Around 57,000 km of rural roads were planned to be constructed under the Pradhan Mantri Gram Sadak Yojana (PMGSY) during 2018-19. The government earmarked Rs 2,000 crore for Agri Market Development Fund to show importance of retail market in the sector of agriculture marketing. In a bid to reinvigorate the National Bamboo Mission, the government allocated a fund of Rs 1,290 crore to increase agriculture and non-agricultural activities. Significantly, the government made an additional allocation of almost Rs 1,000 crore for extending and strengthening irrigation facilities, and improving groundwater management in rural areas.
2017: Boost for UPA’s flagship MNREGA
The total allocation for the rural, agriculture and allied sectors at Rs 1,87,223 crore was 24 percent higher than the previous year. The coverage of the Fasal Bima Yojana increased from 30 percent of cropped area in 2016-17 to 40 percent in 2017-18. The government also allocated Rs 19,000 crore for the PMGSY. The allocation for Pradhan Mantri Awaas Yojana-Gramin (the rural housing scheme) increased from Rs 15,000 crore in 2016-17 to Rs 23,000 crore in 2017-18. Notably, the highlight of the rural emphasis of 2017-18 budget was the highest ever allocation for MGNREGA, the scheme which provides 100 days of wage employment in rural India. Jaitley said Rs 48,000 crore has been earmarked for the demand-driven scheme as against Rs 38,000 crore in 2016-17.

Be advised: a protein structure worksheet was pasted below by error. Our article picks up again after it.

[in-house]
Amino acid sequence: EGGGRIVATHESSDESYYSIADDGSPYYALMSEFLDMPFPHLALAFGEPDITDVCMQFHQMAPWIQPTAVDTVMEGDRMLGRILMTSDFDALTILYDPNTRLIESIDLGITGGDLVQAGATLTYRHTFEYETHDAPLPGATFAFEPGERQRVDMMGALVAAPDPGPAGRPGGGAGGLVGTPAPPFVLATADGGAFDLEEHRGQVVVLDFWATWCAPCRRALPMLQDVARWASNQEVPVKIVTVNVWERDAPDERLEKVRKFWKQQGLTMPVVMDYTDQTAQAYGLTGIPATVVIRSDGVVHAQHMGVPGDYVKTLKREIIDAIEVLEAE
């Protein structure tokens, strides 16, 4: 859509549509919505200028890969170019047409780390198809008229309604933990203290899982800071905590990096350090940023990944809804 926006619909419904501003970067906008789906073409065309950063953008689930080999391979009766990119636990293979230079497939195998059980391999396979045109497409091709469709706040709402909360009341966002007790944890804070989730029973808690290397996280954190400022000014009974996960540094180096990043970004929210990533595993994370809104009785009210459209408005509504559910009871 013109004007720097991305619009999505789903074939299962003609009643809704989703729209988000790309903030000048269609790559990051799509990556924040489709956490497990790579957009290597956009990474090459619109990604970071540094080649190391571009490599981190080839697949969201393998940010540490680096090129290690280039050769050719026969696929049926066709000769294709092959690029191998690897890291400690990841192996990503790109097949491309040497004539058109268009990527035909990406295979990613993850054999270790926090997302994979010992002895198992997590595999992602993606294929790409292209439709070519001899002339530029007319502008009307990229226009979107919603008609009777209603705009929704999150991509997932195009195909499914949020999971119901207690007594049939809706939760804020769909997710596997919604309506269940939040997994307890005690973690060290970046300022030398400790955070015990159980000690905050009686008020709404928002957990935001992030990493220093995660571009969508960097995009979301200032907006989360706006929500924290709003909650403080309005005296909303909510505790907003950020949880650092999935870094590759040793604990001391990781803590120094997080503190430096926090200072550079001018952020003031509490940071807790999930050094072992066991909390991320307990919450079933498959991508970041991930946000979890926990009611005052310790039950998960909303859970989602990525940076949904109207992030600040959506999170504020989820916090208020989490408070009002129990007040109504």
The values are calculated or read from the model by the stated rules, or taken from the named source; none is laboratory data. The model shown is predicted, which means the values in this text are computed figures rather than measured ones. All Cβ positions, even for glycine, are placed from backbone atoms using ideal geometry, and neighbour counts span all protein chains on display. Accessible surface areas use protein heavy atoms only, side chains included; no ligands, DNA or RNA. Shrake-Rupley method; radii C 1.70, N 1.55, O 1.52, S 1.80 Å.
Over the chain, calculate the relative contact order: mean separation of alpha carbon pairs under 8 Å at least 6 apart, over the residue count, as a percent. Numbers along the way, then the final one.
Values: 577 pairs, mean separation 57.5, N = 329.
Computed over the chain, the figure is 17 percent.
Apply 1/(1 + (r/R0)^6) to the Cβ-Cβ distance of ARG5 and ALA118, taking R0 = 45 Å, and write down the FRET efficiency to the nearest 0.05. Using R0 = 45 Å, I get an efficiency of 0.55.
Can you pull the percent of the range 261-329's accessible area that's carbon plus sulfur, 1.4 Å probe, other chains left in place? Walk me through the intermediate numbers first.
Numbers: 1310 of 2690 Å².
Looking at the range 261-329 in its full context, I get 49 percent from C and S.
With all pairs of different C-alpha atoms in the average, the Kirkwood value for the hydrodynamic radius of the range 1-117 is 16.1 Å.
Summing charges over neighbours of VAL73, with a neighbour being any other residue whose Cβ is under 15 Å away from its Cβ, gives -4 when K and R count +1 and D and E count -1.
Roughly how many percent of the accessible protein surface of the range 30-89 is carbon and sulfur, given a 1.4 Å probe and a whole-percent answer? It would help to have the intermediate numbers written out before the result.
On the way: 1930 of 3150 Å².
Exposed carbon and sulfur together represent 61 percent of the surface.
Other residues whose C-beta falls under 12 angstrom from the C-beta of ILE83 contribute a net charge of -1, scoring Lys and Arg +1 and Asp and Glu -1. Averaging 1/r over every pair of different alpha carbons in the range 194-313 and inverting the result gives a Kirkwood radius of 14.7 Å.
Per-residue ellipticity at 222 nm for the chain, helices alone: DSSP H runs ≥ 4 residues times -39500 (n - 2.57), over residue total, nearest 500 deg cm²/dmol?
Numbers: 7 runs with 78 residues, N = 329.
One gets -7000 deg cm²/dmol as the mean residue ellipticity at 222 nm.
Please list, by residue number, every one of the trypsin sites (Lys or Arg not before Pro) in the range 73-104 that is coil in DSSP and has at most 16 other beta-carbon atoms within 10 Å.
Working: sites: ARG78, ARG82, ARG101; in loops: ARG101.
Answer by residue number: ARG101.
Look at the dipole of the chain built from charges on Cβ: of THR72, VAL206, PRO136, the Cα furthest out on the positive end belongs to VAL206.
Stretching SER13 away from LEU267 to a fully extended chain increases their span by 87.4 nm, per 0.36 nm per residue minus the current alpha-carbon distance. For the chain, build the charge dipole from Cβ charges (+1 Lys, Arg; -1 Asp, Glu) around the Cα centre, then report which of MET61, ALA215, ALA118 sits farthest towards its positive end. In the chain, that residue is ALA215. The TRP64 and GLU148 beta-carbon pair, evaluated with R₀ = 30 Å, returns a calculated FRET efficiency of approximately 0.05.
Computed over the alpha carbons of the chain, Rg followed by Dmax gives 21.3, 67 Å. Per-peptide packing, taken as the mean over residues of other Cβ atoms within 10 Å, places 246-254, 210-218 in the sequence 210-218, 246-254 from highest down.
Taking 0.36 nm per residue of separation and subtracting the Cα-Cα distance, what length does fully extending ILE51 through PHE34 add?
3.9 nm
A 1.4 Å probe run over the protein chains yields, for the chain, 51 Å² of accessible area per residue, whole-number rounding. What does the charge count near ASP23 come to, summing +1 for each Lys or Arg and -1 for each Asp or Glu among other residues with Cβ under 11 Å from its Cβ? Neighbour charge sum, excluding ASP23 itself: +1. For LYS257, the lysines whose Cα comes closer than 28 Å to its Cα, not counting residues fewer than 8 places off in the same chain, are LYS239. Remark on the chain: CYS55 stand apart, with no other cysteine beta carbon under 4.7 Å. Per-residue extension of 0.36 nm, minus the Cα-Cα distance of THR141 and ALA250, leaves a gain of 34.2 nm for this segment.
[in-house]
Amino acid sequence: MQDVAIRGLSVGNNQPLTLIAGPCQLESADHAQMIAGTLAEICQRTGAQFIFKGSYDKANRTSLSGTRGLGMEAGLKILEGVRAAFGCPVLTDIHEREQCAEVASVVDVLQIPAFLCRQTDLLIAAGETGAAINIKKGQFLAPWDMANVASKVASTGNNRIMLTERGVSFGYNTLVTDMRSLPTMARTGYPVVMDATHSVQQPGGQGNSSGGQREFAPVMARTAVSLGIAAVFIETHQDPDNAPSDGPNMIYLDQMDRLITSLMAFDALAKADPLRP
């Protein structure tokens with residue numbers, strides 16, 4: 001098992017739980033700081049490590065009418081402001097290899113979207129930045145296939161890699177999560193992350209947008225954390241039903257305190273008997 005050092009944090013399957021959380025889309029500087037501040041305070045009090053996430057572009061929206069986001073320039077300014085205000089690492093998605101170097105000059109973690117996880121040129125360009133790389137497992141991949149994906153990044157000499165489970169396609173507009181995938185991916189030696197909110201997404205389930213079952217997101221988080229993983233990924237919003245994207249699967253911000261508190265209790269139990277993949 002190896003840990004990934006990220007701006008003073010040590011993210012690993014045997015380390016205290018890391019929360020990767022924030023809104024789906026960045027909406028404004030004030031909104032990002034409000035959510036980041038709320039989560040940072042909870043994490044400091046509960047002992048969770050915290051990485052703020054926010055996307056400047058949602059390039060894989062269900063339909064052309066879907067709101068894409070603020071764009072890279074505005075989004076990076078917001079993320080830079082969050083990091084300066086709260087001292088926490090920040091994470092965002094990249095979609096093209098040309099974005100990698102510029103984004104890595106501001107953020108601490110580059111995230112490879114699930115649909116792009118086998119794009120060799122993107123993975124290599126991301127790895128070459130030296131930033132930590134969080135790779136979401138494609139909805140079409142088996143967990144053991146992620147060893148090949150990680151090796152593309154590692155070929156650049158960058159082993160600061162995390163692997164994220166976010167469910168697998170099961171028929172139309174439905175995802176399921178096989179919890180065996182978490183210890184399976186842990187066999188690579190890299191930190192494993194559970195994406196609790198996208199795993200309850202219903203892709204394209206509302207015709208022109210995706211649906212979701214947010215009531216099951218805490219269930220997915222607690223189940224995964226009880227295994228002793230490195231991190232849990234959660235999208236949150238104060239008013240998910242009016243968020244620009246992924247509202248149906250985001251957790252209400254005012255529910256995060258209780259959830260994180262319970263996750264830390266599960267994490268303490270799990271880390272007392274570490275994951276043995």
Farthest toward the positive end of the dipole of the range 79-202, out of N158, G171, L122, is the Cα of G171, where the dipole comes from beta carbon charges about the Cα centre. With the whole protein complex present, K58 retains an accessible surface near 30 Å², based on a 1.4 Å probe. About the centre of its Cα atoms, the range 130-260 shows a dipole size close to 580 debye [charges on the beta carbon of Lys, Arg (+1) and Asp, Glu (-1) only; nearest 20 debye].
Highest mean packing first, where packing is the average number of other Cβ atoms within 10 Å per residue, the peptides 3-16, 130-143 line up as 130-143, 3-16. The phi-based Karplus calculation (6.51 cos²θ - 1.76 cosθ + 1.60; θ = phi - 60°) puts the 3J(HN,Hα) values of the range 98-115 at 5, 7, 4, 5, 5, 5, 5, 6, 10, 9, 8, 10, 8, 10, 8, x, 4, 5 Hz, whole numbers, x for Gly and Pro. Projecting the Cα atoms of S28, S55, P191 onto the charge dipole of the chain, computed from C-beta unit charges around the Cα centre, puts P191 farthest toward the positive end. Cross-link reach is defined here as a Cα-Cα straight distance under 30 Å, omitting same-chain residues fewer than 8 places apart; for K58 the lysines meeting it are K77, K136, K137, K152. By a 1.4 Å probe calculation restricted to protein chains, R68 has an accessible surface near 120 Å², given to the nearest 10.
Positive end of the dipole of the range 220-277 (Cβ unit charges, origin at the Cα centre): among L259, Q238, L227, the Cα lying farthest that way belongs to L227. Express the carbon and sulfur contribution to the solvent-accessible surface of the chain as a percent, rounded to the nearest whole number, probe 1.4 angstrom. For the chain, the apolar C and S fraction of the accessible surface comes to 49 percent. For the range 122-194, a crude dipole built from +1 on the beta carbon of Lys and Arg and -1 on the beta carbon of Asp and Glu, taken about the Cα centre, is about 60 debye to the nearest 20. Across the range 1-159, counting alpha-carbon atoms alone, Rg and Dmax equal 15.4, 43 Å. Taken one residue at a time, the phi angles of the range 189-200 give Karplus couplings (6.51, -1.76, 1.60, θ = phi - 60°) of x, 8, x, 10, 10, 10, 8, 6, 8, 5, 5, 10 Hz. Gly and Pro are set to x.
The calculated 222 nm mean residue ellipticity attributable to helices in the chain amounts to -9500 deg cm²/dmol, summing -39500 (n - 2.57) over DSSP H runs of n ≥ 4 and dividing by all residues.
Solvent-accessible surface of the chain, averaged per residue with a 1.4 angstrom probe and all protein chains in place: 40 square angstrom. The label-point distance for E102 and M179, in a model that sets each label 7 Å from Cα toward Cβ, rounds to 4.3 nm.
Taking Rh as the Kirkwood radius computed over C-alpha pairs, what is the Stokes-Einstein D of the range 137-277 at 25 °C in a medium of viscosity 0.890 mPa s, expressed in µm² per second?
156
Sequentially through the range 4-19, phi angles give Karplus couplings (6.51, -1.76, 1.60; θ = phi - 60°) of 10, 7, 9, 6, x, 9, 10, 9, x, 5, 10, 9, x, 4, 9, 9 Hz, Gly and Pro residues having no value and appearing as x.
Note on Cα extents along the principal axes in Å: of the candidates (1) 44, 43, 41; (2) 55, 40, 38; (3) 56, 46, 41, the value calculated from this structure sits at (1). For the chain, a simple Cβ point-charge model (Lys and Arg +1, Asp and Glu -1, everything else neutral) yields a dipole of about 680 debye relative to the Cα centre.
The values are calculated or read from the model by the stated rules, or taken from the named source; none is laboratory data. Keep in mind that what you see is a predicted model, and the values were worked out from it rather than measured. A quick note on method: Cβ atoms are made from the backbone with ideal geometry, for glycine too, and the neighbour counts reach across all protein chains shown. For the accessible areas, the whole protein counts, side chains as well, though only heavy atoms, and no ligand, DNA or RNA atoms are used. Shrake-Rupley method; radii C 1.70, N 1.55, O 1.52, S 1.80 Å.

2016: Big push for bijli, sadak, paani in villages